page 190 4 Field Ambulance to evacuate casualties from the fighting in the Olympus Pass. Here the MDS1 adopted the policy of dispersal and concealment as distinct from that of displaying the Red Cross. I got my dental centre under the steepest part of a hill and spent some days there during which time Germany became at war with Yugoslavia and Greece.

Following the decision to abandon the line Aliakmon River-Katerine we handed over to the 4 Field Ambulance and moved in snow to the Servia Pass area, again digging in and camouflaging. Here we received unwelcome treatment from Stukas until some wounded Austrian prisoners we were treating persuaded us to show the Red Cross which proved highly effective. From then on 5 Field Ambulance, unless attempting to hide for security reasons, moving in convoy or situated near Bofors guns abandoned digging and dispersal and was never attacked from the air. We were able to do some urgent work for British Artillery and Royal Army Service Corps units here as well as treating six to ten cases of Vincents among the Australians. Here we also found there were a number of broken dentures among N.Z. troops. The ADMS ordered these to be sent to the Mobile Dental Section located with the No. 1 General Hospital at Pharsala. These dentures were never seen again as the Hospital and the Mobile Dental Section evacuated Pharsala.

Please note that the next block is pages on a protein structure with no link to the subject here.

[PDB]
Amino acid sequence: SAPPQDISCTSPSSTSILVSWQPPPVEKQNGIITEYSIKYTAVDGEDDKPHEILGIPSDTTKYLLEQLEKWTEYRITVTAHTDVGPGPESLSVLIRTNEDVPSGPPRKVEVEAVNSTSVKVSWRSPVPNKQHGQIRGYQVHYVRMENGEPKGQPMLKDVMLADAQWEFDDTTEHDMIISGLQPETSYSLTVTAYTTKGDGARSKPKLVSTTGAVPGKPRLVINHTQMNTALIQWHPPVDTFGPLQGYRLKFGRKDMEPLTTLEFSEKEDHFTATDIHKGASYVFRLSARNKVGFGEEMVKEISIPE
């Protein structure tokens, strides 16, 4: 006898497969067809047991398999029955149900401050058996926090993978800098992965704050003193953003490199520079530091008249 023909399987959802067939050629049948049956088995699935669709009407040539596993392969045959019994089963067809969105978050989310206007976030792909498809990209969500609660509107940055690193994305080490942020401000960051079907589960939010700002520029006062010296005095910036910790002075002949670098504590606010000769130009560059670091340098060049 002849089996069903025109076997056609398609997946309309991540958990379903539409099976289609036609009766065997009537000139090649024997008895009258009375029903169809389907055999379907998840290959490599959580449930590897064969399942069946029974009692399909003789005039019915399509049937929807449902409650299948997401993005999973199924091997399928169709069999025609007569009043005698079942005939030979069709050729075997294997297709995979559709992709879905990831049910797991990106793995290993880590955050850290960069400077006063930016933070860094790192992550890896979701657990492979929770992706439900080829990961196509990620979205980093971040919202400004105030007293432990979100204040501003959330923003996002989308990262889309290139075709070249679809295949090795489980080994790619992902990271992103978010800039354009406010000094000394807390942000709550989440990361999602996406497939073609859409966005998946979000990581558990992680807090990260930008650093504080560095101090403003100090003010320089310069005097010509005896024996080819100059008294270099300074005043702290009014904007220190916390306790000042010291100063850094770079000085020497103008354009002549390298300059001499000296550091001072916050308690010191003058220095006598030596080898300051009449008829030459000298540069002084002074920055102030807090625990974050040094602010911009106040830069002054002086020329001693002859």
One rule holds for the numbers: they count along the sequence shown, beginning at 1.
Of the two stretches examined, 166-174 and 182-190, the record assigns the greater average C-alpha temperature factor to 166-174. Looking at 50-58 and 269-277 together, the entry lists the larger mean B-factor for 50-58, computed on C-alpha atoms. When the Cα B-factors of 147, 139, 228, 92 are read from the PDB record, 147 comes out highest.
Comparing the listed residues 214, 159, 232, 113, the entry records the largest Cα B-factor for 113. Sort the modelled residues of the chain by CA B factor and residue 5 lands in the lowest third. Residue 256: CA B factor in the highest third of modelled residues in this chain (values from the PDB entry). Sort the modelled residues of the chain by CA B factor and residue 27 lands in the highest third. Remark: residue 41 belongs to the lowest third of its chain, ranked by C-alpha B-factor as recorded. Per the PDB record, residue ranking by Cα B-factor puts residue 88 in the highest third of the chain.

One night here an alarm that parachutists were landing behind us, although proving to be false, cured me of wearing pyjamas to sleep in.

Our next withdrawal was to the Thermopylae position. During this our truck broke its front axle by Lake Xymas near Domokos village. The replacement involved me in a 120 mile drive through Lamia Pass and back under heavy air attack for 12 hours. We had not long been established in a luxurious Bath House building at Kamina Vola when the ADMS sent us into concealment under some trees where we set up the section under a tarpaulin and got to work on some fillings and extractions.

Almost immediately we were ordered to destroy all war equipment, leaving medical equipment intact, and withdraw to the South-East of Athens where we were to remain concealed and await evacuation with 5 Brigade. We went by night convoy with full headlamps and hid in the olive groves all day. On arrival at the beach we destroyed all Motor Transport and tyres and went aboard H.M.S. ‘Glengyle’ in the ship's landing craft without even getting wet feet. Before abandoning my dental equipment I put a hypodermic syringe, some local anaesthetic and two pairs of extraction forceps in my respirator haversack. These were very useful later for emergency extractions.

A feature of the 5 Field Ambulance operations in Greece was the very full information we were given of the situation most of the time and the fact that except for occasional accidents to vehicles such as mine, every move was made as planned. We handled about three quarters of the total casualties of the NZ Division and this precision would not have been possible but for the tremendous activity and efficient organisation of our Commanding Officer, Colonel J. Twhigg, N.Z.M.C.2